We admire the consistent job that Zoe’s management has done in establishing a fast casual concept that is “leading edge” in terms of healthy (at the same time, tasty) cuisine. The concept is now well established in multiple markets and management is moving appropriately in a generally unforgiving environment. Operating margins, while not at the top of its peer group (e.g.Shake Shack), and down from their previous level and long term targets, are still generating an attractive return on capital at the store level. While the Company has, until recently,  steadily leveraged their bottom line margin as system wide units and comps grew, with better absorption of G&A, this progress  has stalled. The previous growth objective of 20% unit growth, with earnings growth on the order of 25%, is now unrealistic in the short term, and only time will tell when unit growth and /or margin improvement will return. Unfortunately, increasing competition is not likely to abate, rents only go up, and labor cost pressures continue. Recent partial relief  has come from commodity costs but that has apparently run its course. From a valuation standpoint, investors have rarely been willing to pay more in terms of P/E multiple, even for the very best situated companies, than twice the long term growth rate. There have been exceptions (e.g. Amazon, Tesla, AOL, Chipotle in its heyday), but invariably valuations come down to earth over time. This has recently been the case with ZOES since earnings expectations have been revised downward.The latest analyst consensus (per Bloomberg) for earnings in ’18 shows no earnings at all, basically breakeven, but it is anybody’s guess at this point. With ZOES at $14.00/share as this is written, at 50x earnings estimates, the earnings would have to be $0.28/share or $5.6M after taxes.  Since that magnitude of earnings power is unrealistic over the next year or two, at least, we have to conclude that, even with ZOES down over 65% from its historical high, investors still have an unusually long wait before the fundamentals catch up with the current stock price.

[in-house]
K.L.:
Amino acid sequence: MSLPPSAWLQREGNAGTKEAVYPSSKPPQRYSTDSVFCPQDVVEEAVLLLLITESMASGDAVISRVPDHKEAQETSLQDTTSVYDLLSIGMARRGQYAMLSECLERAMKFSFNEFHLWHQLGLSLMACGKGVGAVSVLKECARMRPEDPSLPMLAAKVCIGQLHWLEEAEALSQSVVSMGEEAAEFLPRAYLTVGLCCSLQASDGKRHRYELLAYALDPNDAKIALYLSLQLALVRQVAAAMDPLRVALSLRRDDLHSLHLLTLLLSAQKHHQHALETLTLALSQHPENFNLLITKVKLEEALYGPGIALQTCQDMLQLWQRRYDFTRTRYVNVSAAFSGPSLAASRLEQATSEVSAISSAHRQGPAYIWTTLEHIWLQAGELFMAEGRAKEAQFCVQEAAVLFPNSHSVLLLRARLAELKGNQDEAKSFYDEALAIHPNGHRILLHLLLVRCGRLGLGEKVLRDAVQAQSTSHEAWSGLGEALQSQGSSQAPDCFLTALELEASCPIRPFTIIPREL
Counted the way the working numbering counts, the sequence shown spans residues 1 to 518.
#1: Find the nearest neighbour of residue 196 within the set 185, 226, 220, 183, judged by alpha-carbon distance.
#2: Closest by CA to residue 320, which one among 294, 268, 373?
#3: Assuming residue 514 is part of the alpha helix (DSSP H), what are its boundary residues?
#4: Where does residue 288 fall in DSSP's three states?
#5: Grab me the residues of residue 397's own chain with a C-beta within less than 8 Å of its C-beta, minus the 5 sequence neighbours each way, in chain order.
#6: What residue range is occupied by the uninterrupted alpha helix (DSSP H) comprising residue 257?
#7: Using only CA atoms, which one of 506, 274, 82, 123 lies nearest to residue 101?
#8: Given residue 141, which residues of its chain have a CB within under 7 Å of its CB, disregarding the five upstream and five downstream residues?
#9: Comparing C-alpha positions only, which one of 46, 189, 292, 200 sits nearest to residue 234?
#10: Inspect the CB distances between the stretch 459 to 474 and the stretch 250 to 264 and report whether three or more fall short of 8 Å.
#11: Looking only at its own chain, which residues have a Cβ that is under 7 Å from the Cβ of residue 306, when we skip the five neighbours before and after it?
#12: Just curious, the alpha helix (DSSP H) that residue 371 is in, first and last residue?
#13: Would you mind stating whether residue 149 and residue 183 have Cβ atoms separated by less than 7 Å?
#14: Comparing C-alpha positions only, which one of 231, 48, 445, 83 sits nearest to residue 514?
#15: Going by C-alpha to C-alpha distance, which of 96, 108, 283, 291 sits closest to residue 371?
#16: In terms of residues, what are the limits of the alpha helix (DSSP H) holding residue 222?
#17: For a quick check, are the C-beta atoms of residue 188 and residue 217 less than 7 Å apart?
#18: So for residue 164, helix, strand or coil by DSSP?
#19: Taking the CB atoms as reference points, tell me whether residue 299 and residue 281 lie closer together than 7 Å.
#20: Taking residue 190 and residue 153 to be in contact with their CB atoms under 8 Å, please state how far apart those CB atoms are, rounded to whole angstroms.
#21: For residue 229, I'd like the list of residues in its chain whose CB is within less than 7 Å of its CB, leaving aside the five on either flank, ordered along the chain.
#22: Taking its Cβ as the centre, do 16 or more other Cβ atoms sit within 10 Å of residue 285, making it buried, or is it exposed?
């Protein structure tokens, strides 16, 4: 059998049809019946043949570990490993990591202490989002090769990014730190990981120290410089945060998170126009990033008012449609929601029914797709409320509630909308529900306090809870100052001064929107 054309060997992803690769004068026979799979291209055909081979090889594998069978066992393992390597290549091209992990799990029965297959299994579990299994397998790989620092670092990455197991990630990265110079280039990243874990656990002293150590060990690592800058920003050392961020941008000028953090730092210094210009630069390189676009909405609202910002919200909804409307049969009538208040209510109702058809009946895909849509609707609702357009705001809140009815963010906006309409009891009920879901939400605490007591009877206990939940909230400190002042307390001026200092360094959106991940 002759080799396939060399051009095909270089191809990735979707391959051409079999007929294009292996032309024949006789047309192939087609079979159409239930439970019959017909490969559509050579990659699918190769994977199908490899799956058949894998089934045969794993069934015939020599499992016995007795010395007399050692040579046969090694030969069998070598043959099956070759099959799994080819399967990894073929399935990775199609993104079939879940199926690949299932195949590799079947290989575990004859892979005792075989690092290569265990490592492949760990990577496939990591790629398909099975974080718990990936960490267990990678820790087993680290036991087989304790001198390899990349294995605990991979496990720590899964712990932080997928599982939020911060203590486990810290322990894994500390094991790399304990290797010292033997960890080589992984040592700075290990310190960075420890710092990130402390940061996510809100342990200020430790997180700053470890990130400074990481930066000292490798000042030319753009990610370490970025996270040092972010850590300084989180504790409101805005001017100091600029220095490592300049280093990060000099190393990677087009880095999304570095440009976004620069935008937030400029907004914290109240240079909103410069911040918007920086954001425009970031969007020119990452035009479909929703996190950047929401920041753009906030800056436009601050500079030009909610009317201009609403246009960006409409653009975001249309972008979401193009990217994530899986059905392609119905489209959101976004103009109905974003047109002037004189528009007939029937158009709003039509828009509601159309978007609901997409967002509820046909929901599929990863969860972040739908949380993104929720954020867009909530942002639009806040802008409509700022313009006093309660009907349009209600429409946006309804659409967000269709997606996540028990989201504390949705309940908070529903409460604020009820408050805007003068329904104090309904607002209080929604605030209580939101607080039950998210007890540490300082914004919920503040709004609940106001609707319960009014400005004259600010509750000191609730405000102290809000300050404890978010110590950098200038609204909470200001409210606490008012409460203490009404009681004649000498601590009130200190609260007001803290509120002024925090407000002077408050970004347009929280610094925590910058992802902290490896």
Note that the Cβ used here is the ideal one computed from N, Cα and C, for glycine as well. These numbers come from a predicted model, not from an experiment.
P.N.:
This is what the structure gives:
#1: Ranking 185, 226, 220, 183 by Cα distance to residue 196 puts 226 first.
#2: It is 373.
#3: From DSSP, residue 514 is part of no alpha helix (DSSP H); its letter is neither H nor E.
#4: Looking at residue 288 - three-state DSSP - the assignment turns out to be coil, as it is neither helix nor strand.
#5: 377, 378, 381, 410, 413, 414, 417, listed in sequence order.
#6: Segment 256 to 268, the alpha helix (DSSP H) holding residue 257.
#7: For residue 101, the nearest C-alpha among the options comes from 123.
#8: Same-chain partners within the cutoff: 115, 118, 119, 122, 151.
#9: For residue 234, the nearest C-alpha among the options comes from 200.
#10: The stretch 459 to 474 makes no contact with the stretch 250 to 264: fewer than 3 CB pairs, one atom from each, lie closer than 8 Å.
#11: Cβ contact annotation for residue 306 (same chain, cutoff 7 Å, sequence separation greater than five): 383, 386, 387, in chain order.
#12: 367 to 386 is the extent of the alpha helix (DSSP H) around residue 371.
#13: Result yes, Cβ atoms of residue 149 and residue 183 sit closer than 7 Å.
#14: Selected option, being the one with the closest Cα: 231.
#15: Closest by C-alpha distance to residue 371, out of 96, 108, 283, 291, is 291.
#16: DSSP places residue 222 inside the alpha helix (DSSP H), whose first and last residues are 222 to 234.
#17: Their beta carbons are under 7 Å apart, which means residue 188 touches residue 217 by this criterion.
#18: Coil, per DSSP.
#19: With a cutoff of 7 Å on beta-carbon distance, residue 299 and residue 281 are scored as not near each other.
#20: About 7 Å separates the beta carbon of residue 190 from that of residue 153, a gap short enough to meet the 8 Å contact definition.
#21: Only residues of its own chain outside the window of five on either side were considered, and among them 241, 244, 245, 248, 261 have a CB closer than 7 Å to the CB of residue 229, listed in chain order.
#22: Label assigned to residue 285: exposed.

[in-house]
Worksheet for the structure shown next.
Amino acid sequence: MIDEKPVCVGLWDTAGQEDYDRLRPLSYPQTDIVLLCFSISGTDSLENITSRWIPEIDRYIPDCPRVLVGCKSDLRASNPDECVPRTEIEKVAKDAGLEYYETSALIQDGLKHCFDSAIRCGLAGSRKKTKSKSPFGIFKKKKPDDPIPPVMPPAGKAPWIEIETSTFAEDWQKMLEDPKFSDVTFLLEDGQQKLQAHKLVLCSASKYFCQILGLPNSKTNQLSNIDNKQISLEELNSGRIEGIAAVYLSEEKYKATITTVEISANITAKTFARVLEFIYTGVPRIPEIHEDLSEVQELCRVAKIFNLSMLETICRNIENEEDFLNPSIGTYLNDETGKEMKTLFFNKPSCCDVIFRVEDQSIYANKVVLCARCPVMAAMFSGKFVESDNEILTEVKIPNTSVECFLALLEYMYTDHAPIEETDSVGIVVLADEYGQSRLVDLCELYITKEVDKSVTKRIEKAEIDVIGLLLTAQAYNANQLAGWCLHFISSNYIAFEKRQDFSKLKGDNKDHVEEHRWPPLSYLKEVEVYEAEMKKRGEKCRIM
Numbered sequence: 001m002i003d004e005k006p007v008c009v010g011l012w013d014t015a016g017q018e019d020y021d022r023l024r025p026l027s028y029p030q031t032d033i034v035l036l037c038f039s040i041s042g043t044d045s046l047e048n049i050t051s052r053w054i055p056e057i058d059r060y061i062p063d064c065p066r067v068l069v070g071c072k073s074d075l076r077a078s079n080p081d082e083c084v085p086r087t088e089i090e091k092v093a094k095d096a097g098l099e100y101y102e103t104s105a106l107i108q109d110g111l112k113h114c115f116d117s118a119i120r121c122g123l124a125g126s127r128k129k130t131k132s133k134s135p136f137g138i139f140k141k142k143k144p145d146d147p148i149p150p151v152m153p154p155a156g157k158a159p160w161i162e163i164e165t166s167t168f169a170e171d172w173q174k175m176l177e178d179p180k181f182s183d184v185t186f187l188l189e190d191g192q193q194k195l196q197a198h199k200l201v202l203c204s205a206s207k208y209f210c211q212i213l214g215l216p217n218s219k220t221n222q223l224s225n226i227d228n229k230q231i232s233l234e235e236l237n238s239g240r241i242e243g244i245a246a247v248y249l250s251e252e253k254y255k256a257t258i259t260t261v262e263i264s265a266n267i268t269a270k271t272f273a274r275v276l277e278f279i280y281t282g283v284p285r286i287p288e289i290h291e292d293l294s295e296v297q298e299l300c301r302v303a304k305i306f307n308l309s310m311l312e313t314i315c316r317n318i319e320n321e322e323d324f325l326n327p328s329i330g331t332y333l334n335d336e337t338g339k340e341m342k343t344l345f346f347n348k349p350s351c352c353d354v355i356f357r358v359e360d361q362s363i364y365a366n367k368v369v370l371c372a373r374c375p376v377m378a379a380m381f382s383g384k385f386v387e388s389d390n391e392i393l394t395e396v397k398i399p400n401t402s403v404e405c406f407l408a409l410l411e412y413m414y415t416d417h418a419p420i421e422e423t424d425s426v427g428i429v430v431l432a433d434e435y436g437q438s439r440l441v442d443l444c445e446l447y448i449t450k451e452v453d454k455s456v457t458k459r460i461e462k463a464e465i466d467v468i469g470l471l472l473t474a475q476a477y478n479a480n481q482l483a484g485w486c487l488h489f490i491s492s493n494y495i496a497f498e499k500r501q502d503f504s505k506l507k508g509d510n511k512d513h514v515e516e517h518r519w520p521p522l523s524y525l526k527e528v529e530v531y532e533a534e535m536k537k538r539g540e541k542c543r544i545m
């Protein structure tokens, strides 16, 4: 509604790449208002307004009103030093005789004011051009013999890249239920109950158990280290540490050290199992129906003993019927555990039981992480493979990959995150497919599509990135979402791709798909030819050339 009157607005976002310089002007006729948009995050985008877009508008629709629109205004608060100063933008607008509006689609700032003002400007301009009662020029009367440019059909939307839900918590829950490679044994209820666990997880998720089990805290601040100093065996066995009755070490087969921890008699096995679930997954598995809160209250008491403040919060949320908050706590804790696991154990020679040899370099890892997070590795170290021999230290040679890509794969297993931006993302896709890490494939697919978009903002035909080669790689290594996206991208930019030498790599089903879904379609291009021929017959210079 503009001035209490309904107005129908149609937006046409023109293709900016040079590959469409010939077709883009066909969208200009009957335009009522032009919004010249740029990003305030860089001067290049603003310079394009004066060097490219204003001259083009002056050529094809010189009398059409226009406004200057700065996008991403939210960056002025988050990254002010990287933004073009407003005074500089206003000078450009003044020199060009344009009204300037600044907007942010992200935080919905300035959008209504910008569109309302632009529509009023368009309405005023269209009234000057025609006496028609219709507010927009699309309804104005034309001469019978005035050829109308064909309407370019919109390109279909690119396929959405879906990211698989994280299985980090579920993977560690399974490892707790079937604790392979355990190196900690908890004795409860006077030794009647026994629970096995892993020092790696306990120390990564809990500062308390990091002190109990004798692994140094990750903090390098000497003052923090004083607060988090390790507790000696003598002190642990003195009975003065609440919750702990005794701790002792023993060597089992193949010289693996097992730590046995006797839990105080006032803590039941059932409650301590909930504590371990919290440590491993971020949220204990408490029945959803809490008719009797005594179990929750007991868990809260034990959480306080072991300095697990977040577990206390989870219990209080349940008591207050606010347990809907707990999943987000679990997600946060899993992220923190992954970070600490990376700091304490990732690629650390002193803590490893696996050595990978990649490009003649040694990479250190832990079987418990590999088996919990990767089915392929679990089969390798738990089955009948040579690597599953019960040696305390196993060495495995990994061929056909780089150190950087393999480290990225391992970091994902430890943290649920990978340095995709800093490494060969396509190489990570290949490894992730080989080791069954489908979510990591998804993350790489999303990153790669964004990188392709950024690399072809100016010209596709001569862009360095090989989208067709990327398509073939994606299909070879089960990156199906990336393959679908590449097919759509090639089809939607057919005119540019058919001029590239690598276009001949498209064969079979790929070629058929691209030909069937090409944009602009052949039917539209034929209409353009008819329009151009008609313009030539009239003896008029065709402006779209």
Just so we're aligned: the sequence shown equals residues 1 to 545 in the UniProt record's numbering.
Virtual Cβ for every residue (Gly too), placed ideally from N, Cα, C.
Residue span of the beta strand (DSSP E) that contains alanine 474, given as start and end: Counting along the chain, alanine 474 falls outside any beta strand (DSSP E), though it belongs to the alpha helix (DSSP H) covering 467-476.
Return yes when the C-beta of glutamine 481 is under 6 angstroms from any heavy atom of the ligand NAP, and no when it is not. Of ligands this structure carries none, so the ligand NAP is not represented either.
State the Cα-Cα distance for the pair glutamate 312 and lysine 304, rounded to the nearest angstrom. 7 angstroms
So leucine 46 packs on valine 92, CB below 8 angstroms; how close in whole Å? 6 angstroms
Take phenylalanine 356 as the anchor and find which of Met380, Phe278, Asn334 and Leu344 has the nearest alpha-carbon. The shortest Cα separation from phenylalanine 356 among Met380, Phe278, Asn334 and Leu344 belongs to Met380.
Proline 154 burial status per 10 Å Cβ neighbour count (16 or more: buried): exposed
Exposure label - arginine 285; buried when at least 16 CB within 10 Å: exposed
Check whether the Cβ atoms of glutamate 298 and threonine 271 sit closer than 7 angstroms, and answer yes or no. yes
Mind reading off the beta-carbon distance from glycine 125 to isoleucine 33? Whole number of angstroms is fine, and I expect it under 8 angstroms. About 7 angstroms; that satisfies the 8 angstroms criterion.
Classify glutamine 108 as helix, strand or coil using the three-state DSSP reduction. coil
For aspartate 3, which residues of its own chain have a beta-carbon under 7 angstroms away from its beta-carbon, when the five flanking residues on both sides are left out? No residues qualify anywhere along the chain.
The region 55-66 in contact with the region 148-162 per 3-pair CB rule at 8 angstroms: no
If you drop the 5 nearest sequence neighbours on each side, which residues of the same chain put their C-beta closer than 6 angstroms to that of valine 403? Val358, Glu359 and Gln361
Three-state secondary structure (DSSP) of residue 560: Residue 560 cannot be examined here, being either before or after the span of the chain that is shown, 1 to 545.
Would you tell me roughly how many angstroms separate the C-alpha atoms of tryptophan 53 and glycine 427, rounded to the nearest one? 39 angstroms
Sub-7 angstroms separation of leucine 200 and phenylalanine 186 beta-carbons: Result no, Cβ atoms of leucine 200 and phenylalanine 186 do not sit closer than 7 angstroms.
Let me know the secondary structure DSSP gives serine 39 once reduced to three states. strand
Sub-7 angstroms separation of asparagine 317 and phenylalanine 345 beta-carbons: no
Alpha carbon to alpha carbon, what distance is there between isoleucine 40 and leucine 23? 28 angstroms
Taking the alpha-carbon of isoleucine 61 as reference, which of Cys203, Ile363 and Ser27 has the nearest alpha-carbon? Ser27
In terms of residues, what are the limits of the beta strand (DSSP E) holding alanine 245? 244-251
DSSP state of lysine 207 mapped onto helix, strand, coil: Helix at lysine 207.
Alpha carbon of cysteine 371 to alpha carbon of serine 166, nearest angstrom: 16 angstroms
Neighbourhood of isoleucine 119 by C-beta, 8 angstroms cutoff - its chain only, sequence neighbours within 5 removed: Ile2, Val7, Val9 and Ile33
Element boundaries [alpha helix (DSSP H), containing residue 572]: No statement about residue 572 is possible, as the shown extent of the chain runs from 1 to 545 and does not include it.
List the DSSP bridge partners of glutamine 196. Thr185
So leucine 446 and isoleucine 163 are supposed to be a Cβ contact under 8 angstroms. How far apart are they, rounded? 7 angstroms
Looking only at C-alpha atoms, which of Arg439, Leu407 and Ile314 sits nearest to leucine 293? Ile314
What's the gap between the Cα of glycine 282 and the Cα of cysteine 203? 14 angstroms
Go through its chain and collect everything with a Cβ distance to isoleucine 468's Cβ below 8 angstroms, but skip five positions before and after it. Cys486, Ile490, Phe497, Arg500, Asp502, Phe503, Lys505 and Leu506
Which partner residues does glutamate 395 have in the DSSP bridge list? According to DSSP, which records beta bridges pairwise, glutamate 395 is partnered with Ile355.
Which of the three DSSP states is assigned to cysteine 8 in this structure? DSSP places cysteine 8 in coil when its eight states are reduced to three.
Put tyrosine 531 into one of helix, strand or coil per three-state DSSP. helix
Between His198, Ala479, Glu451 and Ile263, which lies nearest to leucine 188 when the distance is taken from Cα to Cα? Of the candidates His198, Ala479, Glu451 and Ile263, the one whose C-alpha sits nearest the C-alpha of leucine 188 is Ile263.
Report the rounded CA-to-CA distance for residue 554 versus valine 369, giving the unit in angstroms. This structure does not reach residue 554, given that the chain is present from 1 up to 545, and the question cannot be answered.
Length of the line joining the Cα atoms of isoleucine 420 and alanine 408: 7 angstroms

Zoe’s Kitchen, Inc. (ZOES), headquartered in Plano, Texas,  is a steadily growing, fast-casual concept, offering a wholesome Mediterranean-style menu. Menu items are made from scratch daily from fresh, simple ingredients and served in only 3 modes: raw, grilled or baked.  Per the company’s January 2017 ICR presentation the sales breakdown by customer base was 78% female, 22% male, by daypart (excluding catering), 60% lunch & 40% dinner, and by channel, dine-in 53% & off-premise 47% (about a third of which was catering).  The average ticket was $14 at lunch, $16 at dinner and >$200 for catering.

Revenues are generated by the current 235 company operated stores, as of 10/2/17, with three additional franchised units. Sales in calendar 2017 are expected to be about $314M, up in the six years from $50.2M in 2011. (Note: with only 3 franchised units, down from 9 in 2011, franchising doesn’t figure importantly in the company’s current operations). Until the last twelve months, the company’s restaurant-level EBITDA grew at the same pace as sales, from about $10.4M to $55.2M in 2016, with the margins at a relatively steady 20% – 21%.  Consolidated EBIT and EBITDA operating margins have been substantially lower and somewhat erratic, not unusual for an early stage growth company with irregular costs incurred on a relatively small revenue base..  In the 5 years ending 2016, before the “slippage” in 2017, the company’s consolidated EBIT margin fluctuated between -2.8% and +3.4% with EBITDA between +3.3% and +9.5%.  Reconciliation of the foregoing EBITDA measures with the company’s reported “adjusted” EBITDA metric is available in company releases and presentations. The principal difference between the 2 measures is that the company’s adjusted EBITDA excludes pre-opening expense and miscellaneous non-recurring expenses.